I distinctly remember the shock my boss expressed when I finally got to the place of saying “no” to her. Sadly, as a pleaser, I had to get to the end of my rope before I said anything.
I had a very insecure leader who surrounded himself with flatterers. This did not create a dynamic work environment as everyone feared being in disagreement. Fear was a prevailing emotion and those who rose in the organization were yes people. We have a new leader and there is a major shake up afoot.
People pleasers need to surround themselves with other people pleasers. I think they feed off each other… I hadn’t thought of the fear culture that builds up around people pleasers but it’s true. In “top-down” cultures the need to please the boss often creates paralyzing fear in all the underlings.
Lol great post Dan!
My first thought of list of folks to be pleased from the thought fairy between my ears was shorter than yours: ALL!!!!
Now there is a lofty goal!!!! You give that much just imagine the return!!!
On a practical level I am much more a giver and when done it feels great!
I have discovered over time one thing more than any other…..the art of receiving.
It is actually a form of pleasing….allowing another person to contribute to you or what you are working on together.
I recently started emailing some of the folks I am getting business from. I am verbal and longwinded but I put almost nothing
In it from me. I do have one of my guys write in it each week so it is our email going out. Giving him a chance to give his part.
I have been so busy trying to cram what I want to give I ignore the person I am trying to give something to.
Calming down go slower, ask questions, listen. Allow others to give what they got.
All boils down to the most important factor in all human life…balance!
Go with the flow gently. Give others the honor of constructing what they got. Honor them for trying too.
Brilliant suggestion Scott. Letting others please us, pleases them.
Nice to have a high complioment from a person I respect and admire. Pretty Pretty good!
Thanks Dan and got Karens book today reading some right now. Would take time and be very longwinded but really like this book.
Cooperation always sweetens the pot. But it goes overboard when you stop making decisions that are yours and start making decisions based on what others think, or what you think others think.
Responsible leaders encourage input. And wisdom lies in the midst of many views. However, in the end, the responsibility of decisions lie with leaders. I want you to be pleased to work with me and pleased with your results. And my goals are to create a positive environment within which to work and thrive, for me, for everyone on my team. I cannot however be concerned with whether you are pleased with me (or what you project onto me) all the time or not.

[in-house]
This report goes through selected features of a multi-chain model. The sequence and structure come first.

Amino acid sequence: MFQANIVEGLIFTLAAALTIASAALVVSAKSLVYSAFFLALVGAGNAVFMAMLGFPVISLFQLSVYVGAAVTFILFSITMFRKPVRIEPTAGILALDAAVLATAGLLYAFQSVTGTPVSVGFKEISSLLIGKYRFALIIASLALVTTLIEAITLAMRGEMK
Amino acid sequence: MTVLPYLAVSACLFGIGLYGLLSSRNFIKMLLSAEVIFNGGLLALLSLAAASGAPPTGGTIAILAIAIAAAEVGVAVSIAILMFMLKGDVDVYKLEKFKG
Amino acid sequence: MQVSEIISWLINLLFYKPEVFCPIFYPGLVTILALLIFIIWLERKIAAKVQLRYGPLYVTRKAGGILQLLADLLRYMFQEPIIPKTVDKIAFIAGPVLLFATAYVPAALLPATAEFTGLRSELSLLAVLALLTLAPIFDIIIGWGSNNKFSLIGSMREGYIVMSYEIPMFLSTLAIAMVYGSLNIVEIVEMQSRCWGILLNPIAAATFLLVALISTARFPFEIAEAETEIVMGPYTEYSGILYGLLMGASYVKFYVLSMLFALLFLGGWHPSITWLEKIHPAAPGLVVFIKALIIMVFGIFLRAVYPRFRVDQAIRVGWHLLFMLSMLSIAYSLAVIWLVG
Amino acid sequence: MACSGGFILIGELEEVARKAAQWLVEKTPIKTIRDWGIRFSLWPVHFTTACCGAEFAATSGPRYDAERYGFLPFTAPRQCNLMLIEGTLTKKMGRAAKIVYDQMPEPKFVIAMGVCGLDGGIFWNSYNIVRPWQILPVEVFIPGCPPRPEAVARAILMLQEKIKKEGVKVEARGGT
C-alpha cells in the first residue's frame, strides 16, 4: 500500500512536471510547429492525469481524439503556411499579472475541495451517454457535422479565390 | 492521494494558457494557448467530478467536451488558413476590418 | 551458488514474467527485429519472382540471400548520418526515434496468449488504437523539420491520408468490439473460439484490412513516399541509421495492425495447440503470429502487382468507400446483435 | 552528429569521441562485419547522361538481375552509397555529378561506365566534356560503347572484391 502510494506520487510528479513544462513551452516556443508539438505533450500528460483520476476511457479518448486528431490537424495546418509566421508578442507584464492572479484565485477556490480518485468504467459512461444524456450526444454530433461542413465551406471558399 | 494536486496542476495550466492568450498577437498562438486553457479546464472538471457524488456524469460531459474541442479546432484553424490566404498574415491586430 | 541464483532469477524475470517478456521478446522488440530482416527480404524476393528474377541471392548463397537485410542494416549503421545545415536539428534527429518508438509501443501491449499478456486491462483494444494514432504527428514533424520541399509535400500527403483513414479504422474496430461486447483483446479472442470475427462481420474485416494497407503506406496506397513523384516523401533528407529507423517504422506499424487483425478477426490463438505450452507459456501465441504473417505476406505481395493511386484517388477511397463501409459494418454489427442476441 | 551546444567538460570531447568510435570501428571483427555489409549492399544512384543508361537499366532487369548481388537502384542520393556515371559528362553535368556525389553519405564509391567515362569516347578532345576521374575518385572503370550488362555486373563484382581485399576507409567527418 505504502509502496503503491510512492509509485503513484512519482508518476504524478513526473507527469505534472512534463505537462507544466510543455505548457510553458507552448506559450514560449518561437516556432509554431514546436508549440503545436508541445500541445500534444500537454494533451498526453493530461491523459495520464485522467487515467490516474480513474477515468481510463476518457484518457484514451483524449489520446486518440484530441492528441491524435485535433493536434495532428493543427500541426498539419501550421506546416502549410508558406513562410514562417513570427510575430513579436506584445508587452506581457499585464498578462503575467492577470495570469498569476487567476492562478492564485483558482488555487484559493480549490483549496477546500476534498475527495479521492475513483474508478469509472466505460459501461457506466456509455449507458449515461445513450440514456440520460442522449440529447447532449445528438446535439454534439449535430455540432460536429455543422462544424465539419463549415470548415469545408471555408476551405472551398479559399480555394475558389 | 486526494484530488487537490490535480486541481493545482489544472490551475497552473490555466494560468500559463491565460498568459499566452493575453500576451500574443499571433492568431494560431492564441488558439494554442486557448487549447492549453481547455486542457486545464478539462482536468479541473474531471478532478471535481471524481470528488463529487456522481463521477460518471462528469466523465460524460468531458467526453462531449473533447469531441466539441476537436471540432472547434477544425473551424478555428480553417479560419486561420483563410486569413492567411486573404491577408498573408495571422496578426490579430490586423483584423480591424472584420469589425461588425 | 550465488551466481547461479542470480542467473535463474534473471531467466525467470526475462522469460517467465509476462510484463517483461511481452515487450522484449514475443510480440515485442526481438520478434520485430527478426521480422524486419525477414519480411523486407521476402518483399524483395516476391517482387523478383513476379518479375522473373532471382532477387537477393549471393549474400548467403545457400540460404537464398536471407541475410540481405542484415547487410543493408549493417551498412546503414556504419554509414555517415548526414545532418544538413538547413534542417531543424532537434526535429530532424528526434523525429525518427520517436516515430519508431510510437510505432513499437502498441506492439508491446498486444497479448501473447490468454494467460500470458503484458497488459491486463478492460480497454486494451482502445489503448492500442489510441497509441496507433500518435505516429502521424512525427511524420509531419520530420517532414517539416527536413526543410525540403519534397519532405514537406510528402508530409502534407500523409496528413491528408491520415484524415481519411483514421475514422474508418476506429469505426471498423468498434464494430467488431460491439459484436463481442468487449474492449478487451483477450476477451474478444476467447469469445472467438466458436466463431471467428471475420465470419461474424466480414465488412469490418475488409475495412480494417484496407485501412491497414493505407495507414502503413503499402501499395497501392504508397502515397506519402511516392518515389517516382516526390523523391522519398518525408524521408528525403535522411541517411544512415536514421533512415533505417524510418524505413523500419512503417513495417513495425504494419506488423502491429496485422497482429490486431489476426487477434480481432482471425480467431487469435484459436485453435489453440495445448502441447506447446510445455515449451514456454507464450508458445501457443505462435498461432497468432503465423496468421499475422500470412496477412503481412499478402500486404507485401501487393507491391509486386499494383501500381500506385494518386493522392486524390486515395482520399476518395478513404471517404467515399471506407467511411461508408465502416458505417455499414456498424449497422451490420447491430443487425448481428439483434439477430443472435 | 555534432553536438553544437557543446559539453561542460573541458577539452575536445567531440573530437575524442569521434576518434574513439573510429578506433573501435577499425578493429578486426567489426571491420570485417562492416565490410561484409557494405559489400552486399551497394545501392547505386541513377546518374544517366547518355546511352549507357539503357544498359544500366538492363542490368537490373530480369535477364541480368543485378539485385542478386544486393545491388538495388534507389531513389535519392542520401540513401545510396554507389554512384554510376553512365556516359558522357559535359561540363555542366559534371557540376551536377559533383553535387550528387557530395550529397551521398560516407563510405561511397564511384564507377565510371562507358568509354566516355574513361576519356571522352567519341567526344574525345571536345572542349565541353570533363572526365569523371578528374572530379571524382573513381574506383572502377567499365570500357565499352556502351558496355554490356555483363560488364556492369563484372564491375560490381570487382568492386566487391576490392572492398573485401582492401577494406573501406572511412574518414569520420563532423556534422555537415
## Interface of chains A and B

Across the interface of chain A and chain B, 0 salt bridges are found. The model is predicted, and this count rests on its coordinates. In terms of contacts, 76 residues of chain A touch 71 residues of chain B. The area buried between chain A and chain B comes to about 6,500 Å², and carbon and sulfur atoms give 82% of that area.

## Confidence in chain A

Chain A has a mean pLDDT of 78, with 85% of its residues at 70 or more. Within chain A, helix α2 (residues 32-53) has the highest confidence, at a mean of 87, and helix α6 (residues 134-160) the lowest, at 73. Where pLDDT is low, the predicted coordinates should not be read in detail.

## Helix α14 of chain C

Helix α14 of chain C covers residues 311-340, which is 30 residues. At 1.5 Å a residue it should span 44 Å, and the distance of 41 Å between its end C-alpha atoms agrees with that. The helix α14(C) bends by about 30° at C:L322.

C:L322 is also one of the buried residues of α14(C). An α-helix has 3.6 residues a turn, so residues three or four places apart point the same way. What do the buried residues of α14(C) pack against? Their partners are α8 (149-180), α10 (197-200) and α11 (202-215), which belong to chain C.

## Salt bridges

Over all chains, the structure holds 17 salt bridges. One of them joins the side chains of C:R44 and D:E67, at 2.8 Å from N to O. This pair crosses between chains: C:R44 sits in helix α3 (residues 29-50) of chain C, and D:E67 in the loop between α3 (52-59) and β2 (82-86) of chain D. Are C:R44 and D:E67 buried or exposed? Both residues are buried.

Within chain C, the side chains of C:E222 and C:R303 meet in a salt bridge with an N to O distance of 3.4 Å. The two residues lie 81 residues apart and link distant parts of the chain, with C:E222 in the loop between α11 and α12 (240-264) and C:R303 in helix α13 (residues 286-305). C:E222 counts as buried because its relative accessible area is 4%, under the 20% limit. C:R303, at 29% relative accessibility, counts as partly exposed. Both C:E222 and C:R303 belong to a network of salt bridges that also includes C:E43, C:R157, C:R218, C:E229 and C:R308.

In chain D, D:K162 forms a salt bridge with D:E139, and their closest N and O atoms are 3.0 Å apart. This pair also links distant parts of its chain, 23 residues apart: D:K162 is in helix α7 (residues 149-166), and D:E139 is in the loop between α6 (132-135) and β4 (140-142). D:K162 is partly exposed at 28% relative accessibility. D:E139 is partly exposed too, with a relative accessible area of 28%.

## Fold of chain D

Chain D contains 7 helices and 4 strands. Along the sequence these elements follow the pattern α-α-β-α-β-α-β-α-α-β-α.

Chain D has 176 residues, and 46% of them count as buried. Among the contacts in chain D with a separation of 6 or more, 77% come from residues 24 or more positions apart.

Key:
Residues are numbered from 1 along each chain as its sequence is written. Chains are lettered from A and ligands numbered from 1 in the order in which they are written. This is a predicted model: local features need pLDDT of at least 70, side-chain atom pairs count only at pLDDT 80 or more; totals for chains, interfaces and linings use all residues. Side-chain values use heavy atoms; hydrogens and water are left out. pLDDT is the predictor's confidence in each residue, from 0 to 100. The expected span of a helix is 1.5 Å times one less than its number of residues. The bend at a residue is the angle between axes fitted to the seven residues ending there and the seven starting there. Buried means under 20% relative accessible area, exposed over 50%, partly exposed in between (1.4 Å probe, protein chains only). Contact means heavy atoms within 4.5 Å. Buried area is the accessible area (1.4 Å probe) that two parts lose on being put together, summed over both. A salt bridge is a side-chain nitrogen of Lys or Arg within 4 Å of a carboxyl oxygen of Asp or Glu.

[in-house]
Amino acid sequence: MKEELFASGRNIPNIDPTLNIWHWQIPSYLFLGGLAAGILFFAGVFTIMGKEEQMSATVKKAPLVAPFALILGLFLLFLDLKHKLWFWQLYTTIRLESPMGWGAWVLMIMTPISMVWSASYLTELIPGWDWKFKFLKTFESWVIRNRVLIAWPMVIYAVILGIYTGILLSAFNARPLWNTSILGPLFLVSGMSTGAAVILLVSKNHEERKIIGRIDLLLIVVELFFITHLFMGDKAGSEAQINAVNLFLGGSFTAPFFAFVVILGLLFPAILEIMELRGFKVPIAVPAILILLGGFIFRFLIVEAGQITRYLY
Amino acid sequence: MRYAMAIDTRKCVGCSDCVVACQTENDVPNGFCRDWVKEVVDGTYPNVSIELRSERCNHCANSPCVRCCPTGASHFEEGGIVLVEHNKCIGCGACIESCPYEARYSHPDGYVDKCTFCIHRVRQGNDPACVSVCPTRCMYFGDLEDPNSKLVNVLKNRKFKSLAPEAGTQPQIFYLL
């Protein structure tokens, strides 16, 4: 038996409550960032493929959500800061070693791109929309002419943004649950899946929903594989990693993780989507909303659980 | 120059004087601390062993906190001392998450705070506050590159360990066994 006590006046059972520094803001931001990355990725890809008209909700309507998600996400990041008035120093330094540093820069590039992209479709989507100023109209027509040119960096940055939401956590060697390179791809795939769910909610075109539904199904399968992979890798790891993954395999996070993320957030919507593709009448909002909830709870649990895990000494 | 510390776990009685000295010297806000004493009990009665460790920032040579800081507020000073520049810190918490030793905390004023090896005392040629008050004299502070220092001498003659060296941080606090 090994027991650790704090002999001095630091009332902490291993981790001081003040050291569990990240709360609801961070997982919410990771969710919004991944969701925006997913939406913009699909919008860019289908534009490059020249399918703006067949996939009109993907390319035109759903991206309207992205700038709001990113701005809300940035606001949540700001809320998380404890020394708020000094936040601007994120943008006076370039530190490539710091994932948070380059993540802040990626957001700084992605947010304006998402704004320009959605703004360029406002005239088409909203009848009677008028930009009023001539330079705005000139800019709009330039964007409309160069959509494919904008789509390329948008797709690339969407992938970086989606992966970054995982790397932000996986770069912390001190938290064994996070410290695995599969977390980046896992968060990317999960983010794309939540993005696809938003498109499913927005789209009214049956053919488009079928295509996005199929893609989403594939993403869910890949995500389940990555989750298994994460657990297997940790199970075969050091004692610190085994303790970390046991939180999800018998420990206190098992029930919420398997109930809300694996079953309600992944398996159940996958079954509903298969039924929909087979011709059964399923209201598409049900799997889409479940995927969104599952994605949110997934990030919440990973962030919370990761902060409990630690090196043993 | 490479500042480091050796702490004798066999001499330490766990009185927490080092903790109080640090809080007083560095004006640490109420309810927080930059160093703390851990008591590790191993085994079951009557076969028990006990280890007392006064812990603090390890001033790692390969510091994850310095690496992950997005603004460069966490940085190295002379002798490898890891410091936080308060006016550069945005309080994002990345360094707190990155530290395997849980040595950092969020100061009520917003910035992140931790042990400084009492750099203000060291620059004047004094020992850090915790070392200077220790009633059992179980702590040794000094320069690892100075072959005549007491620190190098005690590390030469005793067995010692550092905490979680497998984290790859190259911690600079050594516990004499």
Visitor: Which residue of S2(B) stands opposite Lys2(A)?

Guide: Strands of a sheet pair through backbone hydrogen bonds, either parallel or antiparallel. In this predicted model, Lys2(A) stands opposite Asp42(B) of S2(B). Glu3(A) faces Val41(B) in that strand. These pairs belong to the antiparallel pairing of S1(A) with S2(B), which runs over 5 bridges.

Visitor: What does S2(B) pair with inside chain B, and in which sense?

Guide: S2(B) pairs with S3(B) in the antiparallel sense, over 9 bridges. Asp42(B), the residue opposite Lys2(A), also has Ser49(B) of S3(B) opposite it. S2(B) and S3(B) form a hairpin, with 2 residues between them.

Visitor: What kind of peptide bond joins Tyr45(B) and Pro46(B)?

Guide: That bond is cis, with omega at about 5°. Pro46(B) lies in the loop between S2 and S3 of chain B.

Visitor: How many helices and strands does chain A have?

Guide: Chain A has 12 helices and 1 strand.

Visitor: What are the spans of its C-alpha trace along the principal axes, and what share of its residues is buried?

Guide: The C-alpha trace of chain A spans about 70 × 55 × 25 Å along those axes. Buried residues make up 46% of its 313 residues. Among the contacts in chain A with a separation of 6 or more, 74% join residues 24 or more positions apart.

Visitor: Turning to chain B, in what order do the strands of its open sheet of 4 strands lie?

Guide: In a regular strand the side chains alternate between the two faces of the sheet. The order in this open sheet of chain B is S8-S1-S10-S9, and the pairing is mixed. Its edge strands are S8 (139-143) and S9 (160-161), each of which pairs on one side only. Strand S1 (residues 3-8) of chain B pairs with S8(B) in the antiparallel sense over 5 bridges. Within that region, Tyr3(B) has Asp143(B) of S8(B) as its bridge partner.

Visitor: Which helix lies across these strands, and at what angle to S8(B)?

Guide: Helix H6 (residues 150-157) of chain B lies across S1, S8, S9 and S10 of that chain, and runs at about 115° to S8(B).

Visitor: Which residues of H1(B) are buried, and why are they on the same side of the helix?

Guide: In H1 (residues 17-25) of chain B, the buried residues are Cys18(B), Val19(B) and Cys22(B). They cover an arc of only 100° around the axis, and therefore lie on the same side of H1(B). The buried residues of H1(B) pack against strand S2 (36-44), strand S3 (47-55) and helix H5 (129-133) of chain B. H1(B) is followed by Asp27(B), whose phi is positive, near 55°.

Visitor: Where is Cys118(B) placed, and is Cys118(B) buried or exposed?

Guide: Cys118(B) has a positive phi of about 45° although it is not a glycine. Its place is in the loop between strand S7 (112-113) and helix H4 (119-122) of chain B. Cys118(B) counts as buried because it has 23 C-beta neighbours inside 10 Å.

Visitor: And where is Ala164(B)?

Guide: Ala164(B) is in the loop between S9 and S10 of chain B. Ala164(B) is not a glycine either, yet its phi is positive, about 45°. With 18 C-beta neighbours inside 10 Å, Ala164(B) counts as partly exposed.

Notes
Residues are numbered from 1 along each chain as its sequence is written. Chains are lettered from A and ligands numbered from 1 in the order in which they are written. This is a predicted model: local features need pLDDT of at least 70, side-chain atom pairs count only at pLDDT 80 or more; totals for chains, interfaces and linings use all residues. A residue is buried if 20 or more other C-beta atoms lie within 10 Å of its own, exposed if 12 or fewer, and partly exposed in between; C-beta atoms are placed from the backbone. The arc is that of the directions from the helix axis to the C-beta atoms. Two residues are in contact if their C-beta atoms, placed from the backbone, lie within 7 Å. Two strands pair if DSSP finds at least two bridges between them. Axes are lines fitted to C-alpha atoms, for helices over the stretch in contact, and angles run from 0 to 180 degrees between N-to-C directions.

And if I let that dictate how I make all my decisions, then I’m serving no one.
The diffculty for me is not realizing that a people pleaser is actually practicing a form of manipulation (which I fall for). I now believe these people are not pleasers, but simply users. Just a thought.
Saying “yes” too often is really 1 sign that our people-pleasing tendency is going wrong..Sometimes it really is difficult to say “no”… this is something I need to learn…
Recognition of others’ potentials is a sure way of pleasing them and, thereby reverses the process to oneself.
Great stuff, Dan. Really like the one about “no” with clarity. I would add “focus on the business imperatives.” Often, I see people- pleasers lose their way because they aren’t passing the decisions they encounter every day through the ‘what are we here to do’ filter. Another way to say it is, “How is what I’m doing, or about to do, benefiting our clients and our organization?” That simple question can help add clarity and insure that more people ARE pleased.
As a professional pleaser (AKA: sales person) I had to first do for the customer (earn trust) before before the customer would do for me (repeat business)
Author – http://www.joeegan.com
Simple yet effective
For me it’s a battle of disappointing people, and the fact that I love helping others, and I’m not always comfortable with confrontation. This is something I continually see that I need work on, and something that I try continually to improve upon. No is very powerful word, but it doesn’t always come out. I’m trying to be disciplined with commitments.
I love this “Indecisive leaders, who need to please everyone, end up pleasing no one.”
I have a similar writing style to yours . Short and with a good message.
I would appreciate it if you could check out my blog, tell me what you think
Forgot to add the link